Medical Technology

First FDA Recognition for Tumor Marker Database

In the 20 years since the first targeted cancer therapy was approved more than 100 targeted cancer products are on the market or in development. These targeted drugs provide an alternative to chemotherapy’s carpet bombing- they are precise missiles that target specific genetic targets.

But which targets? Which tumors?

Oncologists are becoming more concerned about the confusion caused by the flood of biomarker information being thrown at them. Patients may also be missing out on potential treatments that could be effective.

All that has changed is the introduction of a new database.

The US Food and Drug Administration (FDA) last month, recognized the very first precision-oncology knowledge database linking genetic biomarkers to specific types of cancer. It was the Memorial Sloan Kettering Cancer Center’s Oncology Knowledge Base ( OncoKB).

“OncoKB’s roots are in the realization that it was asking too many clinical oncologists to memorize the rapidly growing number of specific tumor type-specific cancer mutations that could act as predictive biomarkers to targeted treatments,” said Debyani Chakravarty PhD Director of Research at OncoKB at the MSKCC’s Center for Molecular Oncology.

She added that “a clinical-decision-support program to provide this information in a point-of care setting was urgently required.”

OncoKB made its public debut on May 16, 2017, with the publication of a paper by Chakravarty and colleagues from JCO Precision Oncology. The database was able to provide evidence for more than 3000 cancer-related genes and 19 kinds of modifications. The database now includes 5685 genetic variants across 127 types of cancer.

In October, OncoKB became the first tumor-mutation database to be included in the FDA’s database recognition program.

Physicians and researchers can utilize an easy interface to evaluate evidence linking cancers, genetic biomarkers as well as drugs and other conditions.

“It’s difficult to determine what’s an actionable change and what’s not with this kind of information,” said Timothy Rebbeck PhD professor of cancer prevention at the Dana-Farber Cancer Institute, Boston, Massachusetts, who was asked for his opinion.

He added that the FDA nod for OncoKB makes sense: “[It’s] relevant for the FDA to be involved due to the treatment implications of these mutations.”

There are numerous cancer genomic databases. The list includes MSKCC’s own CBioPortal, as well as MyCancerGenome as well as the Precision Medicine Knowledge Base, Cancer Genome Interpreter, Cancer Driver Log, Tumor Portal and many more.

Chakravarty acknowledges that OncoKB is not the only one. She also said, “But that being stated OncoKB is now acknowledged by FDA as the first human somatic variant database.”

At the heart of OncoKB is a continuous curation process that involves more than 50 physicians and geneticists at the cancer center. “We have discovered a method to codify the scientific and medical expertise of MSK clinical oncologists”, said Chakravarty.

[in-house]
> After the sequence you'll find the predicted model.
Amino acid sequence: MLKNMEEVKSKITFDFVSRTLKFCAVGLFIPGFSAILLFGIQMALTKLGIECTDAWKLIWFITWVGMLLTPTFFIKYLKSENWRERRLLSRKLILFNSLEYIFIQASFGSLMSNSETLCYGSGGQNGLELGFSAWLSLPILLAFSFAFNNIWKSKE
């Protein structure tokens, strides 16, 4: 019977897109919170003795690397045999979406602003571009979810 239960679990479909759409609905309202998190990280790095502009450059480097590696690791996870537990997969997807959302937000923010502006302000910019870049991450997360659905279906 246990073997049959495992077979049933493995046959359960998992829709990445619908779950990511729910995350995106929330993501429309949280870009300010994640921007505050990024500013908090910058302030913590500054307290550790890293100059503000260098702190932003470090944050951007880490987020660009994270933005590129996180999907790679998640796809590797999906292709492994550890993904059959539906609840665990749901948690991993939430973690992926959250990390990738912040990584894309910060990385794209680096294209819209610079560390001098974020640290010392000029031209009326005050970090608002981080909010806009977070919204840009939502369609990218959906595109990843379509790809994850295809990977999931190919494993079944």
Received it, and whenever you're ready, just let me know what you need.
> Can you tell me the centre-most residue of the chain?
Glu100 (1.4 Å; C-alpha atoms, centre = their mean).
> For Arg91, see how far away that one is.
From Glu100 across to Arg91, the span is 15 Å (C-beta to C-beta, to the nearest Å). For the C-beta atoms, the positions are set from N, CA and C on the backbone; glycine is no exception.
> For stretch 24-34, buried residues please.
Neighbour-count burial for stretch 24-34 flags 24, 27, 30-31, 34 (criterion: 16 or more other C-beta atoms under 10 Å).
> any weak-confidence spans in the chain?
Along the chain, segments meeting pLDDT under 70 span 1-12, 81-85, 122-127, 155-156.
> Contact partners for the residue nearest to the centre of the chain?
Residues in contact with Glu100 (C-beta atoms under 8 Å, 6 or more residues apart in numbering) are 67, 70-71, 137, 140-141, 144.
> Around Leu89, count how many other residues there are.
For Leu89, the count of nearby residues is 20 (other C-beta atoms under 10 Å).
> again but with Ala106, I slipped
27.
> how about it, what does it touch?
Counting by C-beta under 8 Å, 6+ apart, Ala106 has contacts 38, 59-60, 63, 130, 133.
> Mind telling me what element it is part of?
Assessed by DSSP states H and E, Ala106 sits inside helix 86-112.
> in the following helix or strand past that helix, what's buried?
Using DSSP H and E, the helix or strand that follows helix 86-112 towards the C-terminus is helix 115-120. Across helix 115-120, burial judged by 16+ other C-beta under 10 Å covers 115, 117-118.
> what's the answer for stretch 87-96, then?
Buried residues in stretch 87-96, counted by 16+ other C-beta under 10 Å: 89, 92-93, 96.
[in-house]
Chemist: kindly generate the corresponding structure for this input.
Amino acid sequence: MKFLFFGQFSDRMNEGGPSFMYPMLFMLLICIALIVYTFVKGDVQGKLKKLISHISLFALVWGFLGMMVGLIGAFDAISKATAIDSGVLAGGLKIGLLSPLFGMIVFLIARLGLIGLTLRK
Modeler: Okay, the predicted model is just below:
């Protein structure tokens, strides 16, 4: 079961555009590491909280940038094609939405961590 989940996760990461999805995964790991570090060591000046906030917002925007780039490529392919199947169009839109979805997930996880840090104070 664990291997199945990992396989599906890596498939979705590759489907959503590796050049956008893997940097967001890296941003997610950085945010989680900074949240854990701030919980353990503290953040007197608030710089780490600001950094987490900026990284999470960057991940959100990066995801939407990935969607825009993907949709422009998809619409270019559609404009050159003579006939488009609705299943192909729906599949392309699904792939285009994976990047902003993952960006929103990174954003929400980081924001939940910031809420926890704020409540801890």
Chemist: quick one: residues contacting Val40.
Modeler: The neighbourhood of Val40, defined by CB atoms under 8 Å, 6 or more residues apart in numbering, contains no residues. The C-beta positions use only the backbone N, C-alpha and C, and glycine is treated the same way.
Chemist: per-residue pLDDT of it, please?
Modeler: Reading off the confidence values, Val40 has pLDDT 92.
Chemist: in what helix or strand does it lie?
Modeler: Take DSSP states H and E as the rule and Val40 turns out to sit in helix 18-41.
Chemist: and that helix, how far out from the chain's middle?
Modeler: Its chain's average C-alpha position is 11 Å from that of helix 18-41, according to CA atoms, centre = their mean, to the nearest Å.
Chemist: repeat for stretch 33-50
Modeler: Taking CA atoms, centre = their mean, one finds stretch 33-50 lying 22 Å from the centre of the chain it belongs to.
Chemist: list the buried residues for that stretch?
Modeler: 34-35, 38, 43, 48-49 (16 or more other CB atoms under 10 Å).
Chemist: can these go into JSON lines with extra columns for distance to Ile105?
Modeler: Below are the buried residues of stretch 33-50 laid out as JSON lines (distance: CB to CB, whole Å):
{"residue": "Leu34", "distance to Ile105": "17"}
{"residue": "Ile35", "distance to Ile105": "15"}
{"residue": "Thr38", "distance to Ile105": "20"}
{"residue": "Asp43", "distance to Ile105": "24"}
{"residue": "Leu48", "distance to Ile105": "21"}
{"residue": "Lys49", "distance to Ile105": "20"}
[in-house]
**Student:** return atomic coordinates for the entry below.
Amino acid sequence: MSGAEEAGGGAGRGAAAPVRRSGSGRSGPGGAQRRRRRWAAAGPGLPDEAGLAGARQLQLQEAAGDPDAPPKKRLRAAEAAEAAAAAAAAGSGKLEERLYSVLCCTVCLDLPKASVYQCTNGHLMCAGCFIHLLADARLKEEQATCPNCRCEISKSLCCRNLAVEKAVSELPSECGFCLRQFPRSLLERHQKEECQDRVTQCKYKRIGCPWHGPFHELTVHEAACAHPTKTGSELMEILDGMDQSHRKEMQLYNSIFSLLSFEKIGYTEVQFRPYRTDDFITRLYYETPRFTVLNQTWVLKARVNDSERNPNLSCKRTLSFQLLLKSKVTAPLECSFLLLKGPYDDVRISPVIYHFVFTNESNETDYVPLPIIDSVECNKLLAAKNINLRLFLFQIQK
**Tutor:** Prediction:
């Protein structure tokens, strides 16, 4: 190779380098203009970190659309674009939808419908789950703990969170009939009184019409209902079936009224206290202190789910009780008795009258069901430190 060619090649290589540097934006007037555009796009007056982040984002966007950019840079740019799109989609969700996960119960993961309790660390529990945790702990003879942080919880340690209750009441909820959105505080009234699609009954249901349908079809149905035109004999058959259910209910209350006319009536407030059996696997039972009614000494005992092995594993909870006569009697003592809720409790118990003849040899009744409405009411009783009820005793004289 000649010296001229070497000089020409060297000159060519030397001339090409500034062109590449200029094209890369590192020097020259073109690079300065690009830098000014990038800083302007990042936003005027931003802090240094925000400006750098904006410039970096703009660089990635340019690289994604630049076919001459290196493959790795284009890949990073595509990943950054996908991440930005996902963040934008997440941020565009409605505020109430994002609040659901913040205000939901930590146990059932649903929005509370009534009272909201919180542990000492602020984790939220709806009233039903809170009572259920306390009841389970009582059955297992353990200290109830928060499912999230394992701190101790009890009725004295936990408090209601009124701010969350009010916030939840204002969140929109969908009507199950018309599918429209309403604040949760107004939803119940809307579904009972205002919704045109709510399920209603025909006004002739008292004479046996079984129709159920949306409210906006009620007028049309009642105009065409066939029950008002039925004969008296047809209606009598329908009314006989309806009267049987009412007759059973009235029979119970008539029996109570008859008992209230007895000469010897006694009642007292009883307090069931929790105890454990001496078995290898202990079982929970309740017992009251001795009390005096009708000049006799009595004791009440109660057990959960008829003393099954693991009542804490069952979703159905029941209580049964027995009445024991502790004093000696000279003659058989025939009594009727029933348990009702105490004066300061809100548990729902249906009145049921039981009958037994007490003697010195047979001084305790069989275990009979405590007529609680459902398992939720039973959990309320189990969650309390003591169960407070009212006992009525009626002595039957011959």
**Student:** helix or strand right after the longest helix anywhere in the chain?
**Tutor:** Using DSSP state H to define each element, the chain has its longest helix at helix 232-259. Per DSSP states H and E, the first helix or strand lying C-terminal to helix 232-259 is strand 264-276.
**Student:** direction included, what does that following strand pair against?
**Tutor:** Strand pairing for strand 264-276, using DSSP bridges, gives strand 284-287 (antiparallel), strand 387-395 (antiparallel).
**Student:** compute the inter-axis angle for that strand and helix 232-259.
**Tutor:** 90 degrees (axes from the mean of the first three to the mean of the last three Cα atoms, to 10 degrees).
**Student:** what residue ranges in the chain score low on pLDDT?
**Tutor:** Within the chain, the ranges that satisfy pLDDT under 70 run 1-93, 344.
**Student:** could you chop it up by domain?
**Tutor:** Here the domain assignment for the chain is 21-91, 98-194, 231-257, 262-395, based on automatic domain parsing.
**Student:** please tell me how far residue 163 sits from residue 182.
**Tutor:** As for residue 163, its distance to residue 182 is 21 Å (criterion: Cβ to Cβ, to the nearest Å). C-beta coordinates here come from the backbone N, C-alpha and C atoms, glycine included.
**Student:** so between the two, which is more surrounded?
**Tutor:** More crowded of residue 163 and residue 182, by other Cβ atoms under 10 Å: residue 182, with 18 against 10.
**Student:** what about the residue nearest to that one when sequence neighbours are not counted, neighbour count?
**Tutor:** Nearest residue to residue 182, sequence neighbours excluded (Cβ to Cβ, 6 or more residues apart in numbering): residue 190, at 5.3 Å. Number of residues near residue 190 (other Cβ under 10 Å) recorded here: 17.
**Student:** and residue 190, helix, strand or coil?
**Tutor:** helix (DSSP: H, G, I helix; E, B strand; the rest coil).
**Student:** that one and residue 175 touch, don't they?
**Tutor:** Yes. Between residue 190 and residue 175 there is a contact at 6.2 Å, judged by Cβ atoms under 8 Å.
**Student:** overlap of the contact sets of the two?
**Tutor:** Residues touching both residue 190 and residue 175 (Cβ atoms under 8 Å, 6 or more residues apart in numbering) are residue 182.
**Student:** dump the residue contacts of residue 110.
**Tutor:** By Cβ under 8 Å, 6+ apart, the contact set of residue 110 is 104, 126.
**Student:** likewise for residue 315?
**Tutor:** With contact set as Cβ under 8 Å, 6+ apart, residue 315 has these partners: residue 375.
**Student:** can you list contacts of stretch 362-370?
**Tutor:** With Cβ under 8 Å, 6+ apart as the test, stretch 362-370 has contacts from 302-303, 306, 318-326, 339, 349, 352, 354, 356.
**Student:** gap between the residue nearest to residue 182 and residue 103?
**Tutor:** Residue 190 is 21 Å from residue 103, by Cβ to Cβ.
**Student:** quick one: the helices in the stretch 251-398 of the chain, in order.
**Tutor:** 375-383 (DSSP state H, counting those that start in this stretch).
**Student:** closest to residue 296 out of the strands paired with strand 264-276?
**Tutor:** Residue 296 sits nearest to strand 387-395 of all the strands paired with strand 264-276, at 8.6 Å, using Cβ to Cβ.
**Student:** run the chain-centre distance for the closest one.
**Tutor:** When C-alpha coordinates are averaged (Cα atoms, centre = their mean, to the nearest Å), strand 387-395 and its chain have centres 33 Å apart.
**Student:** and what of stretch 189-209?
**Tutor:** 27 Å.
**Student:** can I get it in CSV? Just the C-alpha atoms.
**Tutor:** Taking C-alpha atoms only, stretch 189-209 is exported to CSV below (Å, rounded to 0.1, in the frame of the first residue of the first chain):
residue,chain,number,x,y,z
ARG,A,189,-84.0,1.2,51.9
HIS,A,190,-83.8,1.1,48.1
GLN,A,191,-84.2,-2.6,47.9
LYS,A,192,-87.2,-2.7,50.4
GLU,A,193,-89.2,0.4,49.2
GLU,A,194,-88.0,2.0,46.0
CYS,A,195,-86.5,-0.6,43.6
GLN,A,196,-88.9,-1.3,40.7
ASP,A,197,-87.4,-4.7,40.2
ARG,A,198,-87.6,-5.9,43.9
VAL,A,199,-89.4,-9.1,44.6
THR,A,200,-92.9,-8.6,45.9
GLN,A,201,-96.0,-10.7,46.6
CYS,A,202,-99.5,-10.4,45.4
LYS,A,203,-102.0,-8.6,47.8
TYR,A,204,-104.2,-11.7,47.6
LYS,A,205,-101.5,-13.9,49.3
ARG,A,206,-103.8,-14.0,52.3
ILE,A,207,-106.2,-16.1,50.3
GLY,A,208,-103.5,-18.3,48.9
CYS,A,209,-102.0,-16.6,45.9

The team poses three seemingly simple questions: what the gene is and whether or not the mutation is oncogenic , and, if it is found in a specific cancer type, the therapeutic implications.

The data supporting them are assigned an OncoKB therapeutic degree of evidence on a scale that runs from “standard care” to “hypothetical.”

“What surprised me most was, even just gathering those three pieces information and making sure they were accurate was quite a challenge,” Chakravarty said.

FDA’s new recognition is considered partial as it doesn’t cover all aspects of OncoKB. The FDA hasn’t analyzed all the connections between biomarkers and drugs. OncoKB’s developers developed and submitted for recognition an FDA-specific zone listing oncology biomarkers that have been approved by the regulatory authorities.

OncoKB recognized by FDA offers similar information to the rest. However it is classified according to the FDA’s level-of-evidence system.

The FDA assigns one of three levels of evidence to genetic variants in regulatory submissions that it receives. FDA Level 1 is reserved to approved companion diagnostics for targeted therapies; FDA level 2 is assigned to “cancer variants that have evidence of clinical significance” and FDA level 3 to “cancer mutants with potential clinical significance”.

The FDA-recognized area of OncoKB currently contains 46 actionable genes in 40 cancer types with FDA Level-2 evidence, and 38 actionable genes in 33 cancer types with FDA Level-3 evidence.

The FDA first released guidelines on how to gain the recognition of genetic-variant databases in April. Medscape asked FDA why it took so long to approve the existence of a tumor-mutation database, given that cancer genomics is a vast, rapidly changing field.

Jim McKinney, FDA press officer, placed the responsibility on database developers to apply to be recognized as official. McKinney stated that “The FDA does not have the authority to direct other organizations to apply to the FDA for database recognition.” For OncoKB the review timeframe was “impacted by the COVID-19 virus which impacted agency resources.”

McKinney did not have access to the number of other oncology-related genetic databases the FDA is currently examining to recognize. McKinney did state that OncoKB has been partially recognized by the FDA. This means that “test developers can use these data to support medical validity of tumor-profiling test results in premarket submissions.”

Chakravarty said that commercial licensing requests, which typically have slid into the market at the rate of one request per week, “spiked” in the days after FDA recognition.

Chakravarty and Rebbeck have disclosed no relevant financial relations.

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Content Source: https://www.medscape.com/viewarticle/963334?src=rss

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